Whether caused by a harsh sun, or freezing winter temperatures, lips that are cracked, dehydrated, and chapped are miserable. The good news is that the same thing you use to grease your pan can also offer a protective coating to your lips.
Olive oil, in fact, has long been touted for its medicinal uses, especially in the Mediterranean, where olives were first cultivated around 5000 BC [Source: Group]. Today, while many drugstores have entire aisles devoted to a wide assortment of lip-care products, olive oil is still remarkably effective in keeping your lips soft and supple. It's an excellent moisturizer, and is actually a popular ingredient in many skin-conditioning products [source: Cosmetics Database], such as OluvLips.
Organic extra virgin olive oil is your best choice, due to its higher concentrations of healing antioxidants. [source: Group]. To condition and protect your lips from becoming chapped, use olive oil just the way you would use lip balm or petroleum jelly by applying a thin coating whenever your lips feel dry. For good measure, put a little on at night when you go to bed. You can even make your own lip balm by mixing olive oil and melted beeswax in a 1:1 ratio, adding an essential oil if you want to scent your balm [source: Clark Howard]. For something a little more involved, check out Crunchy Betty's homemade Luscious Lavender Lip Balm [source: Crunchy Betty].
You can also combine olive oil with sugar to make a simple lip scrub. Make a paste out of sugar and olive oil, and rub it on your lips [source: Sorgen]. The sugar will exfoliate the lips, getting rid of any dry, dead skin cells on the surface, while the residual olive oil will add hydration without clogging your pores, leaving your lips feeling smoother.
Keep in mind, however, that while olive oil might help keep your lips hydrated in a pinch, it probably won't work as well over the long-term as a moisturizing product specifically formulated to do the job. And while olive oil might be a terrific alternative for people who are either hypersensitive or allergic to traditional lipsticks or lip balms, the opposite can also be true. Because of its oily nature, using olive oil on your lips might cause breakouts and irritation on the skin around your mouth, especially if you already have oily skin.
Last, remember that olive oil has a limited shelf life. Depending on the type you use, olive oil will go bad after a while. Your best bet it to either buy a small bottle, or keep your olive oil in the refrigerator.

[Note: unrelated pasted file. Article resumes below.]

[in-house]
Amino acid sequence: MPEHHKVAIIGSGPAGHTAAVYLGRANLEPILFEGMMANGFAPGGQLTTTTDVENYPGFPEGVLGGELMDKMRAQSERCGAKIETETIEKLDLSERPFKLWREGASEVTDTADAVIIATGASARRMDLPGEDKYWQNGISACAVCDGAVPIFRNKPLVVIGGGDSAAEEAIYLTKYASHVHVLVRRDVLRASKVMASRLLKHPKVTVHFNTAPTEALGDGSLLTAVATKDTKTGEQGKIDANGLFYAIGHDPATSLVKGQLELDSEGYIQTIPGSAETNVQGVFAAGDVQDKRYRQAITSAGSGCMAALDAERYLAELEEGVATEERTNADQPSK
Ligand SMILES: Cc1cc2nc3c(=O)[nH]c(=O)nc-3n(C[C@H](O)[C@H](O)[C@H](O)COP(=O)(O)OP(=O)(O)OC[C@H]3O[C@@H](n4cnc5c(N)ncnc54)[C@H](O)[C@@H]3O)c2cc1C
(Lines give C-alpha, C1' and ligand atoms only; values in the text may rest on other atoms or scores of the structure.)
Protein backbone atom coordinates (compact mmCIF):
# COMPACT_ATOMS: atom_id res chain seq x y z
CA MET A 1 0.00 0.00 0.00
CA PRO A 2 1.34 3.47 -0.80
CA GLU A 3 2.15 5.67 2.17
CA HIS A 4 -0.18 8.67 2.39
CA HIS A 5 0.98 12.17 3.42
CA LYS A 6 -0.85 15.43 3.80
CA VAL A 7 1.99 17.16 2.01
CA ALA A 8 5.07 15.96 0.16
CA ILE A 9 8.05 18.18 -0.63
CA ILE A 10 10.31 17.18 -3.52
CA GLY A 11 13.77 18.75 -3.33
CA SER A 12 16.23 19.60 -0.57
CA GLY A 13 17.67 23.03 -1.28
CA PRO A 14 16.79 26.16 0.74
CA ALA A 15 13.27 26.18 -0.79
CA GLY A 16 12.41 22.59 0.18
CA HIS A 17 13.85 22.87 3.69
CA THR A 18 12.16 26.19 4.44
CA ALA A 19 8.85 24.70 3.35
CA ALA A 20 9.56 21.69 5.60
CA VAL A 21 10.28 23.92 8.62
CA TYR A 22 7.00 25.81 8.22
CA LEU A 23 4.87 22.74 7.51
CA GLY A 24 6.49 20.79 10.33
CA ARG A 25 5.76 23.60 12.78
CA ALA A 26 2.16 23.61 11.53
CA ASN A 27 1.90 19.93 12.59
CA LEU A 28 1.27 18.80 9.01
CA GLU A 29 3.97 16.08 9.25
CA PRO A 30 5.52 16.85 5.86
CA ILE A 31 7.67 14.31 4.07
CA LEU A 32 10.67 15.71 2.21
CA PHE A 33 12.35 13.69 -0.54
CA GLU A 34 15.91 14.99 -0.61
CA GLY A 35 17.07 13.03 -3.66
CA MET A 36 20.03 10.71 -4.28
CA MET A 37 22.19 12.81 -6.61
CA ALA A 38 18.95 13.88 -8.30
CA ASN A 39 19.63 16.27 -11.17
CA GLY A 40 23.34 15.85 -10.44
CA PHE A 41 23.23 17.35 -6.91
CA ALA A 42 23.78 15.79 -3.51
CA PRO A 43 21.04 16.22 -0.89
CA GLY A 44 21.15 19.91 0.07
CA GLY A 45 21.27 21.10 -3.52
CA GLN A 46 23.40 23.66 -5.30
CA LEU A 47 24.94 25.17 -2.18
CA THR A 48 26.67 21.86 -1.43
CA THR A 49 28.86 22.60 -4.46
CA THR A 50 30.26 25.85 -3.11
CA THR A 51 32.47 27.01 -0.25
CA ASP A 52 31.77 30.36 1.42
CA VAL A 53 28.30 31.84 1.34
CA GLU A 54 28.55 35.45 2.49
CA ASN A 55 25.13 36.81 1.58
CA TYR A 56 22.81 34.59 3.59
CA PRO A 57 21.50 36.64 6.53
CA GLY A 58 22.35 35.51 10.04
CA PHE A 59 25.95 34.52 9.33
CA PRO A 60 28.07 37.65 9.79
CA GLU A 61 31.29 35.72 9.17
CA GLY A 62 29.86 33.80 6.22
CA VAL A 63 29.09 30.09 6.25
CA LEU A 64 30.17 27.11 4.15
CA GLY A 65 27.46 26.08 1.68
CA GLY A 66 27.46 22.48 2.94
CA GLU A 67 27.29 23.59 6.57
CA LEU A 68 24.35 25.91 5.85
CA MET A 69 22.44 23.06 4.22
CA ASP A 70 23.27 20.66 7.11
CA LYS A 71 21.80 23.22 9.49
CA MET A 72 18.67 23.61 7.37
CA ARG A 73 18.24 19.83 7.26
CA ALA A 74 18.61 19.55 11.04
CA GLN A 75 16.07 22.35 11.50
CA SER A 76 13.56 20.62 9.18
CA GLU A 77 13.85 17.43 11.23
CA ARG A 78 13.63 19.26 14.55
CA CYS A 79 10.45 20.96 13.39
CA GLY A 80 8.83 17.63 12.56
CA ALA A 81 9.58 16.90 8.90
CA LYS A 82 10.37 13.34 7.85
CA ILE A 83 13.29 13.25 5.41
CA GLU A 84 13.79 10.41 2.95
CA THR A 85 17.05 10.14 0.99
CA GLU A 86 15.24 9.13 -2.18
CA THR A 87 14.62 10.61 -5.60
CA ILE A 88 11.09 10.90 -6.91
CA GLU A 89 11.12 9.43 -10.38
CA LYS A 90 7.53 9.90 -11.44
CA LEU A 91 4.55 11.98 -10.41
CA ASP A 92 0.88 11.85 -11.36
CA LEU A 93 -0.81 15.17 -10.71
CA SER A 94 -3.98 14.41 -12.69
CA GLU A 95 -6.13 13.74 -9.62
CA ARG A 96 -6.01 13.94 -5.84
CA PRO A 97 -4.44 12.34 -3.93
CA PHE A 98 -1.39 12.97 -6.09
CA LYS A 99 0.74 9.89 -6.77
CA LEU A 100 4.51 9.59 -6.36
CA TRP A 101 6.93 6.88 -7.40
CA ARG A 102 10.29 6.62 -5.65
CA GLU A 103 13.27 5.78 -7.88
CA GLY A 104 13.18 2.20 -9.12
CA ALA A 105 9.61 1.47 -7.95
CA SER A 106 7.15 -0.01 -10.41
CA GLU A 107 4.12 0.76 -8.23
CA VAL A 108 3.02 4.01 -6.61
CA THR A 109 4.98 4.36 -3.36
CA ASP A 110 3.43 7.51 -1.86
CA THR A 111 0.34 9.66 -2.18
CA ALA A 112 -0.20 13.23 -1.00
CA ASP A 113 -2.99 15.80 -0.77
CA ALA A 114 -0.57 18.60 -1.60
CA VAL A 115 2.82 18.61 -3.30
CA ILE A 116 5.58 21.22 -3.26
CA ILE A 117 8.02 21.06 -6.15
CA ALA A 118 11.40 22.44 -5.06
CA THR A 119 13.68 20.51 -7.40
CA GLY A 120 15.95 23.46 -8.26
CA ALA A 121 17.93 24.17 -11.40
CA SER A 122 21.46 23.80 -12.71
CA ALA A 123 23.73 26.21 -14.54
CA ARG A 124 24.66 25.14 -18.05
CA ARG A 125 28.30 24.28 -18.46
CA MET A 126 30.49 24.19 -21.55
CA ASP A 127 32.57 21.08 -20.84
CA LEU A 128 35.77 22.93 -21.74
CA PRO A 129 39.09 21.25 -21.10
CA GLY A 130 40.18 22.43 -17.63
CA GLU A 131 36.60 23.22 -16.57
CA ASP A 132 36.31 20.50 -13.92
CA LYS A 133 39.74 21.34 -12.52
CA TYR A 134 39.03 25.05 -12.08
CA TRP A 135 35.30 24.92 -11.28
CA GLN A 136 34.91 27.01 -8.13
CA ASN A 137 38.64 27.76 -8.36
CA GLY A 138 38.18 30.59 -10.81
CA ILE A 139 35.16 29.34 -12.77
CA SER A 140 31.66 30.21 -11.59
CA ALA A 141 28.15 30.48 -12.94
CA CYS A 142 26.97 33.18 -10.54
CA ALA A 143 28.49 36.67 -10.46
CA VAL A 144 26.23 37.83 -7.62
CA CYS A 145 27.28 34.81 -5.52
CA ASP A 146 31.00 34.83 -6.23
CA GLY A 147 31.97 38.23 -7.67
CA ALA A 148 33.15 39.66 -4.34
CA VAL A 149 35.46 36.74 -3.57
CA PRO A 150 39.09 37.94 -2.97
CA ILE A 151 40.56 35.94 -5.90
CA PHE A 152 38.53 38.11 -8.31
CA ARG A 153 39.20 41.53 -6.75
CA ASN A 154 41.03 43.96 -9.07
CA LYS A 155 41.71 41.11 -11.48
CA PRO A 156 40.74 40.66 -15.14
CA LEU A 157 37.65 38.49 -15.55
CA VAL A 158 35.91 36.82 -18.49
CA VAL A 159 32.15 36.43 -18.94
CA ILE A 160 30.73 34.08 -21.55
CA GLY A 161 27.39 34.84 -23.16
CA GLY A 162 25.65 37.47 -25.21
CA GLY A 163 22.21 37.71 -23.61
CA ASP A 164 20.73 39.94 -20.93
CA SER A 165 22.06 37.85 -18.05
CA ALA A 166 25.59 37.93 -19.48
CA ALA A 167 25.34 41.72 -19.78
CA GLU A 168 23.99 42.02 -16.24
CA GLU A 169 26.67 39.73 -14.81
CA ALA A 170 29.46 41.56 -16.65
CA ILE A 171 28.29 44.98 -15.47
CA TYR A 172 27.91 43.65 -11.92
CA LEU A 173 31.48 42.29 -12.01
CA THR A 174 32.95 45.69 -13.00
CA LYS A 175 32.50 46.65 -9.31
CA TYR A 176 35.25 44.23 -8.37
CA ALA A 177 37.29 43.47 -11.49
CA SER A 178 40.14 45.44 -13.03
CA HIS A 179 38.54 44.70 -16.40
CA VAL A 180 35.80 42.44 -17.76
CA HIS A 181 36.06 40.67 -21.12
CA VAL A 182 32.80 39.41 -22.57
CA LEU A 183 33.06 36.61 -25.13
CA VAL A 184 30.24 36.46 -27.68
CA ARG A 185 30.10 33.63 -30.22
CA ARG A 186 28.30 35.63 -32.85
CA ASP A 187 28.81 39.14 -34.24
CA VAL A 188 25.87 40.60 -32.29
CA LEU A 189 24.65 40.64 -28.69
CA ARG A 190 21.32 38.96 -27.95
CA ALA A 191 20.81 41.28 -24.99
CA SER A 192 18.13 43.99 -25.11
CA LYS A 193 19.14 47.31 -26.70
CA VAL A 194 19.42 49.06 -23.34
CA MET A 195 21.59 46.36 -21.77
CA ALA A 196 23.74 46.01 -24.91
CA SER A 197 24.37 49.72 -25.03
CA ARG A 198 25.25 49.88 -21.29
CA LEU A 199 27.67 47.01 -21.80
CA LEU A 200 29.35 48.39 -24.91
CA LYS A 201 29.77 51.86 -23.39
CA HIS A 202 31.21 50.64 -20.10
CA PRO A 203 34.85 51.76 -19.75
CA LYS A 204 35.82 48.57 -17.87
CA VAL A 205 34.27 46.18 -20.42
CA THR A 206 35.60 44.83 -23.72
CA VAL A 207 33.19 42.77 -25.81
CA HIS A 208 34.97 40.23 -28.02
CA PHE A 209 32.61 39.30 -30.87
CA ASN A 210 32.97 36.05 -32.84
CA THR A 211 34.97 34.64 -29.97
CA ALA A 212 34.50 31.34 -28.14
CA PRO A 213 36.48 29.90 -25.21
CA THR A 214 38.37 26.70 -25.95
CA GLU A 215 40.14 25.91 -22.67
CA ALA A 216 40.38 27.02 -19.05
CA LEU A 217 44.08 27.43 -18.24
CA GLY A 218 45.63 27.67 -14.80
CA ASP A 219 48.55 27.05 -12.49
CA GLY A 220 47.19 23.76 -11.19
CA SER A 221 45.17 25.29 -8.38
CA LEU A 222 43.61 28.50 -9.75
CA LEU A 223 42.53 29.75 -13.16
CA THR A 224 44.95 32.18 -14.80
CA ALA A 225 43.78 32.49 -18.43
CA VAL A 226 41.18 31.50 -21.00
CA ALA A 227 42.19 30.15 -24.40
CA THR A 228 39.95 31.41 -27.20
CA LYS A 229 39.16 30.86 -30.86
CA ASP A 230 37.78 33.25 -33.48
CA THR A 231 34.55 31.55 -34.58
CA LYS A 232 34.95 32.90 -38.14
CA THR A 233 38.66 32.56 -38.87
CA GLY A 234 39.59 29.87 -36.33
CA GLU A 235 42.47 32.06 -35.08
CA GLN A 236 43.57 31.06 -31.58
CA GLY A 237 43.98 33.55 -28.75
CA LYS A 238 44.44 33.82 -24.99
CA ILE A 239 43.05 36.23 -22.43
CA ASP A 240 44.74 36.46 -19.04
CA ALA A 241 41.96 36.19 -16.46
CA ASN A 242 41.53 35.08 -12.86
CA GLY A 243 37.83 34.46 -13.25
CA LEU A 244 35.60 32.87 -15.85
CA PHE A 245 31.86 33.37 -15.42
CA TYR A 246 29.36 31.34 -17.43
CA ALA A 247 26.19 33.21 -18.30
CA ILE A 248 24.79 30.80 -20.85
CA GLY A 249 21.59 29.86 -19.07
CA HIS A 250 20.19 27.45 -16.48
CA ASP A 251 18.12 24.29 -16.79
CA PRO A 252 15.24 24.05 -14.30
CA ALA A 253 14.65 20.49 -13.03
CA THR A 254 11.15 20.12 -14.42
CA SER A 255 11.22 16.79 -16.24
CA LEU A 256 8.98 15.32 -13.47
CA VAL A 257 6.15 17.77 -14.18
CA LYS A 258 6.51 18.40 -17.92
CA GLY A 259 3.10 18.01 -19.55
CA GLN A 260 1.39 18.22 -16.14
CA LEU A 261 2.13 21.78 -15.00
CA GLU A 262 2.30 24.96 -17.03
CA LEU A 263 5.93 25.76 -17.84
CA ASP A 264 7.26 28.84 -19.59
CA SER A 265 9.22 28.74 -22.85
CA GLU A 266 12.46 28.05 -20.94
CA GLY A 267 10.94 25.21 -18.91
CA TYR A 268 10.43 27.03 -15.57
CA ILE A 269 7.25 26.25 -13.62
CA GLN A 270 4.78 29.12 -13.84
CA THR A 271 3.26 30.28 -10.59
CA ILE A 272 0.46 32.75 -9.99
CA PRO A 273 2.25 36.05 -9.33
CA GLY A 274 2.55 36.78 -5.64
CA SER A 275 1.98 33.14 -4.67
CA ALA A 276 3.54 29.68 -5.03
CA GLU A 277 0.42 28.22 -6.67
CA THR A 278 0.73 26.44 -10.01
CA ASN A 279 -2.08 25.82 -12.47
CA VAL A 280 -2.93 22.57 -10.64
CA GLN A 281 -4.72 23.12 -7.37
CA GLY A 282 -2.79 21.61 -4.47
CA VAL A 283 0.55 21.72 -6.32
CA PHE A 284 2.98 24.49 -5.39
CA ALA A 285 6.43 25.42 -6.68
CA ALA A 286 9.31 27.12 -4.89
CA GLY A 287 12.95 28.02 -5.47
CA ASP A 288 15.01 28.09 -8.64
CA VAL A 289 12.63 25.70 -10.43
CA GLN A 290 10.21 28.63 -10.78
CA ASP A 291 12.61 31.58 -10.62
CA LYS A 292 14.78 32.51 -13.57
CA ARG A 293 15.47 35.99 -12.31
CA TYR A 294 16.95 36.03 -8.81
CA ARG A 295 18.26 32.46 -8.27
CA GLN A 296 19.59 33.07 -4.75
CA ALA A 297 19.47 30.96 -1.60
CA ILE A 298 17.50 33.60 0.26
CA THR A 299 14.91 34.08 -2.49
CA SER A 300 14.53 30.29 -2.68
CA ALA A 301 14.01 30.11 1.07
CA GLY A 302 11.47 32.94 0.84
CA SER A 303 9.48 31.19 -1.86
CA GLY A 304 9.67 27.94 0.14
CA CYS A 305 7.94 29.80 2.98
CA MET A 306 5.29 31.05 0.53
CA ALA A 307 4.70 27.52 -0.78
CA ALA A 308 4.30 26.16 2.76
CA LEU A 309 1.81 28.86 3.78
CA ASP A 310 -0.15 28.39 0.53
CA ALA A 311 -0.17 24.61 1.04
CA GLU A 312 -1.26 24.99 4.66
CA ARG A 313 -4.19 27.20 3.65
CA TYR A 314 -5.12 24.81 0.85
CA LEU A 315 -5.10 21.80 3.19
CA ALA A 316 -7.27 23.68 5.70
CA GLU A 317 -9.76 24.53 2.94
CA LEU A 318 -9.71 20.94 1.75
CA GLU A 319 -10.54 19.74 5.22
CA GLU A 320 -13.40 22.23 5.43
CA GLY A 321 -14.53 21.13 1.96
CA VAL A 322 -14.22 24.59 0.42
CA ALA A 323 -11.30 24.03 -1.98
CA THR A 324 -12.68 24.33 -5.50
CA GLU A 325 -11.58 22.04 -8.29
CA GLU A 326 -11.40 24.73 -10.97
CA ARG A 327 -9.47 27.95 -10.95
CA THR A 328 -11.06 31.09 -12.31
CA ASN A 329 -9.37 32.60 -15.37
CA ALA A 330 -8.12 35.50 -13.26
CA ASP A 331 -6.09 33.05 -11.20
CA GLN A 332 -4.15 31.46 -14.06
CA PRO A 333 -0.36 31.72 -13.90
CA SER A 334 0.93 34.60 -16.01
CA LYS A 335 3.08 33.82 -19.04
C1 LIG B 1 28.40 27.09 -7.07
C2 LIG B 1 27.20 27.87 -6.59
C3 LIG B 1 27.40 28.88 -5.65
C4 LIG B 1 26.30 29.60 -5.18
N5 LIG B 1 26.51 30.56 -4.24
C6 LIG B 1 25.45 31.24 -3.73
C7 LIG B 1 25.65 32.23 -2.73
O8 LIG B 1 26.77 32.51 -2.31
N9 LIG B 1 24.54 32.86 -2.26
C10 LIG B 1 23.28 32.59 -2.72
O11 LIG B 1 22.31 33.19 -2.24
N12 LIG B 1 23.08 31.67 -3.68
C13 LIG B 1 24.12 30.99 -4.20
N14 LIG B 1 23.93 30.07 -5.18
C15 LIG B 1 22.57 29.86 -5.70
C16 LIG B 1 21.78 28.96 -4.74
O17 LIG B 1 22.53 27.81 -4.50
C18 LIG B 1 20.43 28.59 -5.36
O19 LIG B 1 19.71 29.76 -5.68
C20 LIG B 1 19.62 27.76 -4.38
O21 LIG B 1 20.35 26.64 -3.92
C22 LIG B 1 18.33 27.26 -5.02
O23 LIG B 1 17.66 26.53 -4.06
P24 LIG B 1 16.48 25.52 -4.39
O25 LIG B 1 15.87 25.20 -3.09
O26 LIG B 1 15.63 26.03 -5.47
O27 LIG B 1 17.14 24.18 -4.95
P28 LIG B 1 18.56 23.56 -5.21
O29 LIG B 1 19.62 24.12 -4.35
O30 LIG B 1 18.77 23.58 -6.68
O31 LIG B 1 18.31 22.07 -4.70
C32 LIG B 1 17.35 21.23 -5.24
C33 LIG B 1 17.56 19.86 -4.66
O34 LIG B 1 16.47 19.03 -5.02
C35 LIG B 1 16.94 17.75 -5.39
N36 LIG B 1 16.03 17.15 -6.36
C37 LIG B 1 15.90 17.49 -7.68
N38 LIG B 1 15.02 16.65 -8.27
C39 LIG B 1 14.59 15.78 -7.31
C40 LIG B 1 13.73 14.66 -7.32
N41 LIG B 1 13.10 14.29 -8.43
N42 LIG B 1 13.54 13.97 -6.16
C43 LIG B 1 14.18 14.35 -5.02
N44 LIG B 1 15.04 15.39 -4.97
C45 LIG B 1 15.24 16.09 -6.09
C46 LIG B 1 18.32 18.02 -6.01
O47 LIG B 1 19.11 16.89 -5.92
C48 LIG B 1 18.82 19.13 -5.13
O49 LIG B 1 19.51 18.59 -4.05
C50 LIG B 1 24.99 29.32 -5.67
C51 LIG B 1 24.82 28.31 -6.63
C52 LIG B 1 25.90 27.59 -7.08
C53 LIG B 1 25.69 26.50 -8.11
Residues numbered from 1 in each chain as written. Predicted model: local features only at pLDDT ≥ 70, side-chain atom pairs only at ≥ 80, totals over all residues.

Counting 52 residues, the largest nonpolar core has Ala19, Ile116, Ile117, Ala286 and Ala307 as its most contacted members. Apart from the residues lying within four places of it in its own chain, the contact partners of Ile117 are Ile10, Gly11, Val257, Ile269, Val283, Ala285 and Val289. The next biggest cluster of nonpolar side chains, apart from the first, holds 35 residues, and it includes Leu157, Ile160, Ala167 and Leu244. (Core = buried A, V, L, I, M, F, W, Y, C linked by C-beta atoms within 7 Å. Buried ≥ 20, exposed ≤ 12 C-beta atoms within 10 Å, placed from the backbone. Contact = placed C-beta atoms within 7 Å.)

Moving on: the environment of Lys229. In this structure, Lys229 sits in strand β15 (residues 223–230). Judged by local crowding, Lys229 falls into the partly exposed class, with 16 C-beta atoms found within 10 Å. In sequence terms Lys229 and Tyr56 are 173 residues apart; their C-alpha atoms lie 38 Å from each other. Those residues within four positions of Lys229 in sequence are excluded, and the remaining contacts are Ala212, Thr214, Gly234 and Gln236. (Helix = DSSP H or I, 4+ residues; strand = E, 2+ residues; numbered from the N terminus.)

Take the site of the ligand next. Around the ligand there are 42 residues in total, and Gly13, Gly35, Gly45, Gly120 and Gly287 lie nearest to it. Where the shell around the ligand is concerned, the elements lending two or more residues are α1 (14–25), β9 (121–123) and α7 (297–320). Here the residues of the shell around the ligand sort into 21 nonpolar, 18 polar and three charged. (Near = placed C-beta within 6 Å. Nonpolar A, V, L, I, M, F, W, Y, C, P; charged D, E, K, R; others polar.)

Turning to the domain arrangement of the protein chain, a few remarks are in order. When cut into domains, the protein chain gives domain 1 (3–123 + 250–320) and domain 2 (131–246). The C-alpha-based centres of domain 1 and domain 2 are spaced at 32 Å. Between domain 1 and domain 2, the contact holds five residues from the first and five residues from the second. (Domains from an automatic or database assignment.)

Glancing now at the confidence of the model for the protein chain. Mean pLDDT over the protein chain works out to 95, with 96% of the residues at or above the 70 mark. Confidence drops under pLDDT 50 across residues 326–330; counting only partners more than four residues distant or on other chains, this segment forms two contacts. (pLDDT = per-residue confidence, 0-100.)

For more information about olive oil and its uses in skin care, visit the links on the next page.
- Acne Skin Site. "Lips, Lips, Lips!" AcneSkinSite.com. April 23, 2012 (Accessed, Dec. 8, 2012) http://www.acneskinsite.com/uncategorized/lips-lips-lips/
- Clark Howard, Brian. "8 Surprising Uses for Olive Oil." Good Housekeeping/The Daily Green. (Accessed, Dec. 8, 2012) http://www.thedailygreen.com/green-homes/latest/olive-oil-benefits-uses-460609
- Crunchy Betty. "3 Simple Homemade Lip Balms." CrunchyBetty.com. Feb. 3, 2011 (Accessed, Dec. 8, 2012) http://www.crunchybetty.com/3-simple-homemade-lip-balms-your-lipsve-never-been-yummier
- Cosmetics Database. "Olea Europea (Olive) Oil." Environmental Working Group. (Accessed Nov. 9, 2009) http://www.cosmeticsdatabase.com/ingredient/704252/OLEA_EUROPAEA_%28OLIVE%29_OIL/
- GrannyMed.com. "Home Remedies for Chapped Lips and Cracked Lips." (Accessed Oct. 5, 2009) http://www.grannymed.com/meds/cracked-lips.aspx
- Group, Dr. Edward. "The Health Benefits of Olive Oil." Global Healing Center. Dec. 29, 2008 (Accessed, Dec. 9, 2012). http://www.globalhealingcenter.com/natural-health/benefits-of-olive-oil/
- Olive Oil Source. "Olive Oil Storage and Rancidity." April 14, 2008. (Accessed Oct. 5, 2009) http://www.oliveoilsource.com/olive_oil_storage.htm
- Sorgen, Carol. "Grooming Essentials for Women: Skin and Hair Car Products." WebMD. July 21, 2009. (Accessed Nov. 9, 2009) http://www.webmd.com/skin-problems-and-treatments/features/grooming-essentials-women-skin-hair-care-products